In the spring of 1998, Western New York resident Cathleen George was diagnosed with breast cancer at the age of 30. Although she was optimistic, there was a long history of breast cancer in her family and the cancer had already spread to her lymph nodes. Cathleen opted to have a double mastectomy, followed by six weeks of chemotherapy and radiation.
For two years her cancer was in remission, but in 2000, Cathleen found a tumor on her left chest wall. She had a t-cell replacement, and her cancer went into remission once again.
In the spring of 2002, Cathleen experienced a severe headache while at work that prompted her to seek medical attention. Doctors diagnosed her with a brain tumor and three tumors on both her lungs.
As she underwent more surgery, chemo and radiation, Cathleen’s brother, Tony, told her he would shave his head with her and not let his hair grow back until hers did. A teacher at Lake Shore High School, Tony began talking about his mission with his students and many of them offered to support his sister. One of the students suggested they raise donations before shaving their heads — and so, Goin’ Bald for Bucks was born. In its first year, Tony and 36 Lake Shore students raised $3,600.
On March 13, 2004, Cathleen George lost her battle with cancer. Her spirit now lives on through Goin’ Bald for Bucks.
Since its inception, Goin’ Bald for Bucks has raised more than $5.5 million to benefit cancer research and patient-care programs at Roswell Park Comprehensive Cancer Center with schools, individuals and organizations across the United States Goin’ Bald.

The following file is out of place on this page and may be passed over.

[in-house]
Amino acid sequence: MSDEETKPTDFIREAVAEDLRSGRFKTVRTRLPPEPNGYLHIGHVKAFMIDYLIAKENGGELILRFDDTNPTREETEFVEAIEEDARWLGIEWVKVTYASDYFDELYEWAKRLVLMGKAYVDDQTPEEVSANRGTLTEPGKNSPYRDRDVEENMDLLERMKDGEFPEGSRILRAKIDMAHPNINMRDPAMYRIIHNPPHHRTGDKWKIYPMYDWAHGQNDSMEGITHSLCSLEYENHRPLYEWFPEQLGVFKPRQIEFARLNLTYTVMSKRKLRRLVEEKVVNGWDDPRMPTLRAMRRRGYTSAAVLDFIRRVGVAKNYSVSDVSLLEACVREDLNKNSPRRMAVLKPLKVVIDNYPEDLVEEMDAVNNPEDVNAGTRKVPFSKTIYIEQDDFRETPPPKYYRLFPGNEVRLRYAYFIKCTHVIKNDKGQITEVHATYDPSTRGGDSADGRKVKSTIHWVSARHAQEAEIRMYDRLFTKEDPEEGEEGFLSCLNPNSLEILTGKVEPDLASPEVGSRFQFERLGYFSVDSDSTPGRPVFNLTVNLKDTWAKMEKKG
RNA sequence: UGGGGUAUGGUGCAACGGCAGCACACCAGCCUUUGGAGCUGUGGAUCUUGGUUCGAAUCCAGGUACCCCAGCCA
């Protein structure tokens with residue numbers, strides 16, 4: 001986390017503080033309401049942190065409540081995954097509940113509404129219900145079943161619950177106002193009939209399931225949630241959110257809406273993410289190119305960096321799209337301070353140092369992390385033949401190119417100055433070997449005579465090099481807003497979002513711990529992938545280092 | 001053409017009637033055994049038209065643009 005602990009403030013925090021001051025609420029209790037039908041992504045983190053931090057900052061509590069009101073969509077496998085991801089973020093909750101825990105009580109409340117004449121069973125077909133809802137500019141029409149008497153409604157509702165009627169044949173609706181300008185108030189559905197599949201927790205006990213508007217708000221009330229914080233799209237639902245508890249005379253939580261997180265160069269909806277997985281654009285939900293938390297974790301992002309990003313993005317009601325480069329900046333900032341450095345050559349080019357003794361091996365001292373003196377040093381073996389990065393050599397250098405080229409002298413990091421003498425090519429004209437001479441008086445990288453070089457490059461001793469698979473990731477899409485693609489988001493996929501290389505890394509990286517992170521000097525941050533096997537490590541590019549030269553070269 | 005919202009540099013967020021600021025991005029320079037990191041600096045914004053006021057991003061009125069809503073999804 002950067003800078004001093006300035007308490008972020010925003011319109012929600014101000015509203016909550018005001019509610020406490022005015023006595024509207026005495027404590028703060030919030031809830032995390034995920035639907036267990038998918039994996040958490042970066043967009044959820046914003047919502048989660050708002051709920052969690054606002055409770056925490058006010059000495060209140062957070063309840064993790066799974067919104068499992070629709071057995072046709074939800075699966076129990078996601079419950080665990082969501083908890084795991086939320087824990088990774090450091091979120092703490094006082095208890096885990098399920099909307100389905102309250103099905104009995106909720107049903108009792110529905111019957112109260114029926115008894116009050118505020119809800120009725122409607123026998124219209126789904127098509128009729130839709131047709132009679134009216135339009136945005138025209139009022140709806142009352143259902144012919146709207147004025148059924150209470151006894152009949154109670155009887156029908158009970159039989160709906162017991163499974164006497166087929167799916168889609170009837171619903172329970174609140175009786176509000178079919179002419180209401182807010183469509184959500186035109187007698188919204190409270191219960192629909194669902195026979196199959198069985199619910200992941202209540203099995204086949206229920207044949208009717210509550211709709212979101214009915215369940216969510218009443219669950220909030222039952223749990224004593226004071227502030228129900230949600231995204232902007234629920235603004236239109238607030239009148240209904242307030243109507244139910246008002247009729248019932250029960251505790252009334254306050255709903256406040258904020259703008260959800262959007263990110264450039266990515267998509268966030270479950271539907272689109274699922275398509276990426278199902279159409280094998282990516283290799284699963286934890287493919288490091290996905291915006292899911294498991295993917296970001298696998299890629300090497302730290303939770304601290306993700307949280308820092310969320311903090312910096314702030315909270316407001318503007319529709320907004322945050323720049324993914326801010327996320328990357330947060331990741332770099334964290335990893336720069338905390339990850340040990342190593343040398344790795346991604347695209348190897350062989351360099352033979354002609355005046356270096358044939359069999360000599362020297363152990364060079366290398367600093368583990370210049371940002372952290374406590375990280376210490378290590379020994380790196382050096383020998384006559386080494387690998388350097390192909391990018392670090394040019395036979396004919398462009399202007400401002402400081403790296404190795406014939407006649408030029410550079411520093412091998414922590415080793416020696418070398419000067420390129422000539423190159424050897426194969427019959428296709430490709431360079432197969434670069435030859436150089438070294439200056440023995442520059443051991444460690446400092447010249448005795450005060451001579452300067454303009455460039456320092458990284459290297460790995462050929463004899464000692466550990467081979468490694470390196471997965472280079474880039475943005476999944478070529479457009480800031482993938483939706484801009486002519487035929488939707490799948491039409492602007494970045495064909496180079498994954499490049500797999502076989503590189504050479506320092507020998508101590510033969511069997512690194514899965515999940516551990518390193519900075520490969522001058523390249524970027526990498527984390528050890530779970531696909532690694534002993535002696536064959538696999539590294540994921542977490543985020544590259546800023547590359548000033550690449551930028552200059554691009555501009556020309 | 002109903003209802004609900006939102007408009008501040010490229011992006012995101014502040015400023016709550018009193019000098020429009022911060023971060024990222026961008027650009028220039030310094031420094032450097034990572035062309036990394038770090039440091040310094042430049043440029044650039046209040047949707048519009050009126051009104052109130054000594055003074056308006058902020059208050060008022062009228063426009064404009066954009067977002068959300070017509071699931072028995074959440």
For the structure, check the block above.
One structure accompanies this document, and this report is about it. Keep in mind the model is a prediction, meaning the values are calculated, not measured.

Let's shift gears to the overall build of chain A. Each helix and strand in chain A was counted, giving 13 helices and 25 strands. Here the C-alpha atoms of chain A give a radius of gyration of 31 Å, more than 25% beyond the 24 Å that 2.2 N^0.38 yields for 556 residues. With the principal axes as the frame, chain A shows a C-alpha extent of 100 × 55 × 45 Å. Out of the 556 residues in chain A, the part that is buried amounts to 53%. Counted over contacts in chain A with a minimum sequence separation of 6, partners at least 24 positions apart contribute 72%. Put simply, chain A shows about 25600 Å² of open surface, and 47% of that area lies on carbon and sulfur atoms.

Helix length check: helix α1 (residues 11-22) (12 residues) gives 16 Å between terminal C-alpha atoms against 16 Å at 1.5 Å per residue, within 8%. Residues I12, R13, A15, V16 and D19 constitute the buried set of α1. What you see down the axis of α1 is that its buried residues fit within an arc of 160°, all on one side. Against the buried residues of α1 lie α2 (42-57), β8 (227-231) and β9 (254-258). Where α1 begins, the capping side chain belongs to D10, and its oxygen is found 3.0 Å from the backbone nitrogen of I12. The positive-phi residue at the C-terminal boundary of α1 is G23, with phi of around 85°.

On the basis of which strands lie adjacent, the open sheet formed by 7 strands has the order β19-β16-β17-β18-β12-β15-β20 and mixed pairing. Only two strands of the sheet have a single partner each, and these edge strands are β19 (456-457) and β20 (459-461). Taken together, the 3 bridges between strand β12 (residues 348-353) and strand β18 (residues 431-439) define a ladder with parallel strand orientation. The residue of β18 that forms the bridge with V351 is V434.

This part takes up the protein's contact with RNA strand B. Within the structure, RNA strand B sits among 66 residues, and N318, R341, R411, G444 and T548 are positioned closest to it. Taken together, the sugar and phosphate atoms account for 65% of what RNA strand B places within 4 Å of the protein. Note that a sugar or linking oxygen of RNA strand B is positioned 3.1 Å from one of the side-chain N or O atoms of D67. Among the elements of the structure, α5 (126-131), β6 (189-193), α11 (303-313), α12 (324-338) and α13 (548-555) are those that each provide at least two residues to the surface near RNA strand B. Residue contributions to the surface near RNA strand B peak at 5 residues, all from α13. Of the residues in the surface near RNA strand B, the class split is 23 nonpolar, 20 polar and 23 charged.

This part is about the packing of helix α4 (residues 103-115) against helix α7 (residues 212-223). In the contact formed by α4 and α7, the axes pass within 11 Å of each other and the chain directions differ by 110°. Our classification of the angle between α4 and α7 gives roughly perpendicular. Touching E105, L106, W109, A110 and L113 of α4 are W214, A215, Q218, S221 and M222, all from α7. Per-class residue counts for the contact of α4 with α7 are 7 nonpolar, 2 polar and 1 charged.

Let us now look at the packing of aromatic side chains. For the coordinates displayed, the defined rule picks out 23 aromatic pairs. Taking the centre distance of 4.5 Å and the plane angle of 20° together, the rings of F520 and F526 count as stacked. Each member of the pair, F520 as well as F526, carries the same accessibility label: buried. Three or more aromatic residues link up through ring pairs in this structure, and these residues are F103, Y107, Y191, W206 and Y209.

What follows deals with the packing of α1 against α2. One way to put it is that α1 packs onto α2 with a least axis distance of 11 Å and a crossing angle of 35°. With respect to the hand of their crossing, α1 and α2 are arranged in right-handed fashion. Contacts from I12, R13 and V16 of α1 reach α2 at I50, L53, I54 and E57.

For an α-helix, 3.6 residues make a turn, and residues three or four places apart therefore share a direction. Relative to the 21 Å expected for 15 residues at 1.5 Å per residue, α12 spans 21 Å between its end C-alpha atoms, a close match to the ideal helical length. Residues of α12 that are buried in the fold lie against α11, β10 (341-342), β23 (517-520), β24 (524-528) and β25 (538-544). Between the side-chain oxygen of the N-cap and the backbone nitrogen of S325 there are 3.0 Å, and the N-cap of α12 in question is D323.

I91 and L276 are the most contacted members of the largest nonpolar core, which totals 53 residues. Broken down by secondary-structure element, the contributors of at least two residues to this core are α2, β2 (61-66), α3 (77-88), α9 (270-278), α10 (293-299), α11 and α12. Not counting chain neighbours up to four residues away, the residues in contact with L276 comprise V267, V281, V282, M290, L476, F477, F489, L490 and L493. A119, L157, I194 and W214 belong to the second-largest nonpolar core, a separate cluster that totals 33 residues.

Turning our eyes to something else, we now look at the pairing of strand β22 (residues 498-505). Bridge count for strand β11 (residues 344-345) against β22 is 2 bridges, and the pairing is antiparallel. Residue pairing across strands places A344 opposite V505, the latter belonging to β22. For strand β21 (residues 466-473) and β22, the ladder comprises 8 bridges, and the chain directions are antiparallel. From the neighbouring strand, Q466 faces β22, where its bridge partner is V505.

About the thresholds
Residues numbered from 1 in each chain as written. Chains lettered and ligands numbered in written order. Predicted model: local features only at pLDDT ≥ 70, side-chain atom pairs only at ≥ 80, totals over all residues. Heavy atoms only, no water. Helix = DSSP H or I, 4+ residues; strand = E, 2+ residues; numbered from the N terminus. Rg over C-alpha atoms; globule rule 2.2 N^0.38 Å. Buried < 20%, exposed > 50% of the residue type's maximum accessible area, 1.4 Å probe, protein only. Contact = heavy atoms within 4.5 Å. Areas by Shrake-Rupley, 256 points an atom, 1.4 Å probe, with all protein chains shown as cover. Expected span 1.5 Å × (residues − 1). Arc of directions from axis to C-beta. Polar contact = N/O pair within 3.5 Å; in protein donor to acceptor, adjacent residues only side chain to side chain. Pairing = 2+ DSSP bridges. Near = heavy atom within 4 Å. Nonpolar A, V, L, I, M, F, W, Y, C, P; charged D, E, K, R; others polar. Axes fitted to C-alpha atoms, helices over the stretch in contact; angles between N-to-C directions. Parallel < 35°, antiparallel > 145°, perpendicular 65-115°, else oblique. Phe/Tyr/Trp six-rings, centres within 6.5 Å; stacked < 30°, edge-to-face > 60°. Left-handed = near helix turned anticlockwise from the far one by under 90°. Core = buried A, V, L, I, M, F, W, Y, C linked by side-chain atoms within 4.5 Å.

Participants shave their heads, grow their beards, donate their hair or style their locks to support those fighting cancer. When you Go Bald for Bucks, you stand in solidarity with the 36,000+ patients who turn to Roswell Park each year for hope.
You Make A Difference
The funds raised from the Bald for Bucks program stay in Western New York! They go to supporting programming at 13thirty Cancer Connect and cancer research Roswell Park Comprehensive Cancer Center. Everyone who Goes Bald for Bucks is working together to reach a common goal: curing cancer.
What is 13thirty Cancer Connect?
13thirty Cancer Connect educates, supports and connects teenagers and young adults with cancer through fun and empowering peer support activities, interactive resources, and helpful programs for their families. By addressing the unique challenges of this age group, teens and young adults have a place where they can just be themselves and where cancer is only a part of their story. 13thirty is committed to ensuring that teens and young adults with cancer liver their best lives … today!
What is Roswell Park?
Founded in 1898 as the nation’s first cancer research center, Roswell Park grew from the vision of Dr. Roswell Park. This highly respected surgeon believed that investigations in the lab and the clinic should go hand-in-hand. Roswell Park has offered its patients this combined approach to cancer care for well over a century.
Today, Roswell Park is one of the leading cancer facilities in the country, treating more than 36,000 patients each year and pursuing research that can change how we understand, prevent and cure cancer. That expertise also enhances the training of the next generation of physician leaders.
Growing Research to Have a Global Impact
Roswell Park has many researchers who bring their expertise to patients through innovative cancer therapies. The funds raised through Goin’ Bald for Bucks help researchers investigate new treatment options and facilitate clinical trials for both common and rare types of cancers.
Donate With Confidence
Charity Navigator, an independent charity evaluator, gives Roswell Park Alliance Foundation a four-star rating, which is their highest seal of approval. This rating takes into account how Roswell Park Alliance Foundation allocates its funds to categories like fundraising, administrative costs and program growth. The Foundation is proud to receive this recognition for charitable excellence. We’ll keep on funding cutting-edge research and patient support programs for as long as it takes to cure cancer.